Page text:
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Martinez v. United States

October 29, 2009

EDWARD L. MARTINEZ, APPELLANT,
v.
UNITED STATES, APPELLEE.



Appeal from the Superior Court of the District of Columbia, (F-3531-04), (Hon. Erik P. Christian, Trial Judge).

The opinion of the court was delivered by: Thompson, Associate Judge

Argued December 3, 2008

Before RUIZ, GLICKMAN and THOMPSON, Associate Judges.

On June 7, 2005, after a trial before the Honorable Erik P. Christian, a jury found appellant Edward Martinez guilty as charged of first-degree premeditated murder while armed (D.C. Code §§ 22-2101, -4502 (2001)) and possession of a firearm during a crime of violence (D.C. Code §§ 22-3204 (b) (2001)). Appellant seeks reversal of his convictions, citing (1) restrictions that the trial judge imposed on defense counsel's cross-examination and impeachment of a government witness, and (2) the erroneous aiding-and-abetting instruction that the trial judge gave to the jury. We affirm the judgments of conviction.

I.

The case arose out of the killing of David Hicks in the alley behind his home in the 800 block of Kennedy Street, N.W. At trial, the government presented several witnesses. Daniel Powell testified that, on April 16, 2003, he spent part of the afternoon in the company of appellant Martinez (whom he called "Nitty"), Hicks, and another man. With appellant driving, the men rode around in a "greenish-bluish," four-door rental car, eventually stopping at a liquor store. After purchasing alcohol, they drove to the alley behind Hicks's home. Powell left the group for five minutes to use the bathroom at his sister's house. He returned to find appellant and Hicks arguing. As the altercation escalated, appellant threw a cup of liquor into Hicks's eyes. Crying and complaining that his eyes were burning, Hicks picked up a brick and "told [appellant] to get his damn car out of his yard." Appellant drove away, saying "That's how you feel? I'll be back." Fifteen or twenty minutes later, appellant returned to the alley in the same car, with another man in the passenger seat. Wearing a ski mask, the passenger exited the car, ran up to Hicks, shot Hicks with a pump-action shotgun, and pumped the weapon as if to fire once more. Powell ran out of the alley but, about five minutes later, encountered appellant again. Appellant drove up alongside Powell and, placing a finger to his own lips, said "Shh," an utterance that Powell understood as an acknowledgment that appellant "did something" and "didn't want [Powell] to say nothing."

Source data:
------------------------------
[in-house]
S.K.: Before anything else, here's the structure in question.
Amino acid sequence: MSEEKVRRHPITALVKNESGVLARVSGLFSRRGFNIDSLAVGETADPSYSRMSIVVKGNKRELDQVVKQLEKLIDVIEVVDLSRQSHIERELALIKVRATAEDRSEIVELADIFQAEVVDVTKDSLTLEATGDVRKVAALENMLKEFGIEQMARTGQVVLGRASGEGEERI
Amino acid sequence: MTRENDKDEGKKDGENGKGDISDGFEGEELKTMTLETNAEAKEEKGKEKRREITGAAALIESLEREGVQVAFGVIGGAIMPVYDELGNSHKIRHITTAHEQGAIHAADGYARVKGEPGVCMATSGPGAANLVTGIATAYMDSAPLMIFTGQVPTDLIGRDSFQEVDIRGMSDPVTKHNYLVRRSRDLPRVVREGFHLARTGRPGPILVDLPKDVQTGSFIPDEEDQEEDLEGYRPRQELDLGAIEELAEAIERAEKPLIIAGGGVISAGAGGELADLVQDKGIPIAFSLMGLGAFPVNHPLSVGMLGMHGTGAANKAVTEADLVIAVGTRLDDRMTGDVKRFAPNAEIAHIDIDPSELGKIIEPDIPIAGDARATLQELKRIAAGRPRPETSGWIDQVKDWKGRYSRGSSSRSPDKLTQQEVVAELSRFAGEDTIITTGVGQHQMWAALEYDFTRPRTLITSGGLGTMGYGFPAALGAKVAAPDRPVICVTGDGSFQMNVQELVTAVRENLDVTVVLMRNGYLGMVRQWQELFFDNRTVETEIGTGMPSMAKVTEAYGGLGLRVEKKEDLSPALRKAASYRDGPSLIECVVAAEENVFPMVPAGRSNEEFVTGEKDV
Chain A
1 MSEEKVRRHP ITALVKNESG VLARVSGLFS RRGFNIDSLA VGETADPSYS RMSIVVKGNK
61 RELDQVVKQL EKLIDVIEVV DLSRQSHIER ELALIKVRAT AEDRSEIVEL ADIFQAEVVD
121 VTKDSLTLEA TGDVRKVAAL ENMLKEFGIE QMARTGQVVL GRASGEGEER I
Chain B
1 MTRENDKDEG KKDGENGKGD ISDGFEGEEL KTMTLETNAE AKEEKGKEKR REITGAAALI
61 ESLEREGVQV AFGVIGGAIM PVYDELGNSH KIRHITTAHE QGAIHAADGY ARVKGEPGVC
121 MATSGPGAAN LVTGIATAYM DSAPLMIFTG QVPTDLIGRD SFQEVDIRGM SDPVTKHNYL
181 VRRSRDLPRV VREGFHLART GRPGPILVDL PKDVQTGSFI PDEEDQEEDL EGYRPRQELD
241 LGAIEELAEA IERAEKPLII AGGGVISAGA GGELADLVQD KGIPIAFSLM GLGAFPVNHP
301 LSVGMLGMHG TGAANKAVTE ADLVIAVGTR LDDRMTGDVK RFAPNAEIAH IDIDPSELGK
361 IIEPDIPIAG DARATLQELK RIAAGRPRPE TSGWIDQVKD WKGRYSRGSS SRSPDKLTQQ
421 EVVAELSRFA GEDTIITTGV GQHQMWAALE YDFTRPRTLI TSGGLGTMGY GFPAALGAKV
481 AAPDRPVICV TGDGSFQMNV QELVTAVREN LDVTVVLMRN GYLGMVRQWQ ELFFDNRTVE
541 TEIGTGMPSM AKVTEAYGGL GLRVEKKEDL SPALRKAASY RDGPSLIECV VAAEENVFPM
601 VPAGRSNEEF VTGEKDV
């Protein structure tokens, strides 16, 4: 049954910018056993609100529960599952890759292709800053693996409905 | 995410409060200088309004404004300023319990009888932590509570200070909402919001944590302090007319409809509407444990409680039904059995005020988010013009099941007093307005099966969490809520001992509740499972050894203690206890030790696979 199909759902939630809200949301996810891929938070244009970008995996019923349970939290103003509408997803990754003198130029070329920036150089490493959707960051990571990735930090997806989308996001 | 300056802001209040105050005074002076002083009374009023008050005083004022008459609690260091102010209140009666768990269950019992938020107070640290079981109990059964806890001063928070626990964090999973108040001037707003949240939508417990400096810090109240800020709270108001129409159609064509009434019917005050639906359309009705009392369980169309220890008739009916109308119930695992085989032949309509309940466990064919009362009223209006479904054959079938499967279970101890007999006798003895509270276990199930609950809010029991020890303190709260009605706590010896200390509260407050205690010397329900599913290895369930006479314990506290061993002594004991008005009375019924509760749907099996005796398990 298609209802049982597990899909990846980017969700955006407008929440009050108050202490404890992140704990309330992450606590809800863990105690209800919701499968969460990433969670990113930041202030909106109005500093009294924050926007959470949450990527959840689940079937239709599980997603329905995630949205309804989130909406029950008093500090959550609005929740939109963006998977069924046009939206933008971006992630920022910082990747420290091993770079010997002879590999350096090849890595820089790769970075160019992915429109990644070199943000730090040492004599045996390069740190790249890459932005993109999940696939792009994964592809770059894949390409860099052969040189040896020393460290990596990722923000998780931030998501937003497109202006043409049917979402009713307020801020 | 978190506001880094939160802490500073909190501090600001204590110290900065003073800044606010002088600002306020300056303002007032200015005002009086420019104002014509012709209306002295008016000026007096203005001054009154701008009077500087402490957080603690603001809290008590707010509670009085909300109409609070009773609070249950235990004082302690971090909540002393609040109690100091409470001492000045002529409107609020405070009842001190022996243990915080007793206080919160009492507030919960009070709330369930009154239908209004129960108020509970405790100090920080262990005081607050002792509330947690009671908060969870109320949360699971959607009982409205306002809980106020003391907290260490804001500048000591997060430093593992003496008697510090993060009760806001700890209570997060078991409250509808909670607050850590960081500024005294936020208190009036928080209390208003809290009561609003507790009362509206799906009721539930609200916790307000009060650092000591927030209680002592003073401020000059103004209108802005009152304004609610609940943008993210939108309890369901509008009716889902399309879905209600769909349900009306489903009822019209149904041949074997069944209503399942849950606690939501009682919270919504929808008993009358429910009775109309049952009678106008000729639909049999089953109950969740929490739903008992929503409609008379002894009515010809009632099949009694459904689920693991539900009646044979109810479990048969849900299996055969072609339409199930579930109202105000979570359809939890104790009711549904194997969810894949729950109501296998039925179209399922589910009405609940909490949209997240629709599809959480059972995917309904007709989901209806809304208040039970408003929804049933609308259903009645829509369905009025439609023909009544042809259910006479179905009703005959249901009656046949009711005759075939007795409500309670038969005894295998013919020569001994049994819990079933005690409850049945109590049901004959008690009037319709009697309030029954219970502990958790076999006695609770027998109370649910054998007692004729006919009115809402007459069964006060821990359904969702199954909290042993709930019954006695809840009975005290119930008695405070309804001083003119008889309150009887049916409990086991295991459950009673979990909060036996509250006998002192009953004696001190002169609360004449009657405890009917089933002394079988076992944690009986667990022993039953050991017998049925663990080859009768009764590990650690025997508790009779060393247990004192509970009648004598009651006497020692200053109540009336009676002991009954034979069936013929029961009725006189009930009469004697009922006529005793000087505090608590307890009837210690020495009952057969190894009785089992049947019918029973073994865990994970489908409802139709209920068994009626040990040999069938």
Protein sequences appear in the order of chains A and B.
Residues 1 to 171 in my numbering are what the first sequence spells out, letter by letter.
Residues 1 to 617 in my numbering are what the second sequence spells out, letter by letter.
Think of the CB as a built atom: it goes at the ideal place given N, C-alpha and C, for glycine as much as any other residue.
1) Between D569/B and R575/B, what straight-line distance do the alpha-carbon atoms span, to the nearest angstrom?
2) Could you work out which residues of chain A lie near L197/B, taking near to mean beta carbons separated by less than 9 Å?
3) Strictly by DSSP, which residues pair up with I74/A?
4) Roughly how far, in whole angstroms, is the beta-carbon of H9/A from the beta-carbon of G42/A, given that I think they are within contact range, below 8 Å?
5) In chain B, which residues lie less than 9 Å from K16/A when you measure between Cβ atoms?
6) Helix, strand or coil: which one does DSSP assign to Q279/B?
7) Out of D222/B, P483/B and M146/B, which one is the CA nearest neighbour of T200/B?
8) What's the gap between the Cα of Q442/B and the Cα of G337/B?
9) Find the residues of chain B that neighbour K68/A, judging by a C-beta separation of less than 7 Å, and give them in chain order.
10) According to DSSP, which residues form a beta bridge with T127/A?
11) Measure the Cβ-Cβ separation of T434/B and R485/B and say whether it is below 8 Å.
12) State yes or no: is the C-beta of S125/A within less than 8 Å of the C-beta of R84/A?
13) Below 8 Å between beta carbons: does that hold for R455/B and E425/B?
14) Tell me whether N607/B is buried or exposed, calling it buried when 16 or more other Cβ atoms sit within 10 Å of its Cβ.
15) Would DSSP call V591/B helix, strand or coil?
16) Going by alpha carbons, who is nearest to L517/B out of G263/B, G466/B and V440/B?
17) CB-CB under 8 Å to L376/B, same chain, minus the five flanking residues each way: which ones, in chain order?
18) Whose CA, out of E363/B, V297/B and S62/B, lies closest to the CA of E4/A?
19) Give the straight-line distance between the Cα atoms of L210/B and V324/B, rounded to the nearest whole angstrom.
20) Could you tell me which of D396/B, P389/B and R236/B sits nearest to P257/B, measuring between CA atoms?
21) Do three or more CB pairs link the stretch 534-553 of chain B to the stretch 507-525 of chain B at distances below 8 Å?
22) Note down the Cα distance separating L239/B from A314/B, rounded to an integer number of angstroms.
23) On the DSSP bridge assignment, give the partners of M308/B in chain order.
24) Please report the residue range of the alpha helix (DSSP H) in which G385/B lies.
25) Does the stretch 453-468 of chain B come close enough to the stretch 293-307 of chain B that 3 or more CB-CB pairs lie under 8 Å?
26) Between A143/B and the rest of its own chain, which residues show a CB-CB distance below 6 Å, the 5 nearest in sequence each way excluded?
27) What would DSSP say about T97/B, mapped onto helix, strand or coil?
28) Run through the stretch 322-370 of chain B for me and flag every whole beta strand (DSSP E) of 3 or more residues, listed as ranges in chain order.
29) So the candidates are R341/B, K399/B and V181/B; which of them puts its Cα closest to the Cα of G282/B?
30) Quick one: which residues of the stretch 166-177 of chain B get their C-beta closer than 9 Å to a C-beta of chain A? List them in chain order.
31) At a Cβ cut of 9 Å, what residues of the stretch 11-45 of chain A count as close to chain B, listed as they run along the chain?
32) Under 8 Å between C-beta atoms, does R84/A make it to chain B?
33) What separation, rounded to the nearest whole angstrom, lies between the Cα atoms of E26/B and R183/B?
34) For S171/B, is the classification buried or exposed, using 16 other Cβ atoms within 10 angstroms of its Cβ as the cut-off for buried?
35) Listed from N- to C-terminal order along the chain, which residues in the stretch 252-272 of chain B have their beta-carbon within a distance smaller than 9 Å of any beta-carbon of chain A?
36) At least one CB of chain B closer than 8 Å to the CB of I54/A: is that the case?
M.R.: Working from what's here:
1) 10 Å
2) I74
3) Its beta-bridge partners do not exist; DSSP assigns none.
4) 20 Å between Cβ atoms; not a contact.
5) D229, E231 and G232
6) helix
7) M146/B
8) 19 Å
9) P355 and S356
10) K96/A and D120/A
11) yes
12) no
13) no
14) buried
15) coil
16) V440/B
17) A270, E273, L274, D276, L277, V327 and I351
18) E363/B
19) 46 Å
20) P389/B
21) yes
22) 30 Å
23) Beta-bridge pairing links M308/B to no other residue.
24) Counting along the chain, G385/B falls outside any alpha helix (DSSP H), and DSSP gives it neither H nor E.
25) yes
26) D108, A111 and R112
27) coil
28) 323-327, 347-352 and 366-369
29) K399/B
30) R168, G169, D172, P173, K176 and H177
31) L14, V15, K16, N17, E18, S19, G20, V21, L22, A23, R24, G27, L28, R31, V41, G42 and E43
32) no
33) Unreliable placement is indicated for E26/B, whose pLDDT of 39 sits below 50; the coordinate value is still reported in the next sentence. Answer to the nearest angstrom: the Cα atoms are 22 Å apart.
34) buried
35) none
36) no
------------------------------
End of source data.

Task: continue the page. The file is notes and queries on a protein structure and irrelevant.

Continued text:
Other government witnesses corroborated portions of Powell's account and provided additional details. Donna Baxter, who was in the alley behind Hicks's home that day, testified that she "didn't know what the fight [had been] over" but saw that Hicks was "upset." Baxter also testified that she saw a masked gunman get out of a car and point a shotgun at Hicks. After shooting Hicks, the gunman re-entered the car and the car sped away. Baxter saw only "the shadow of the driver."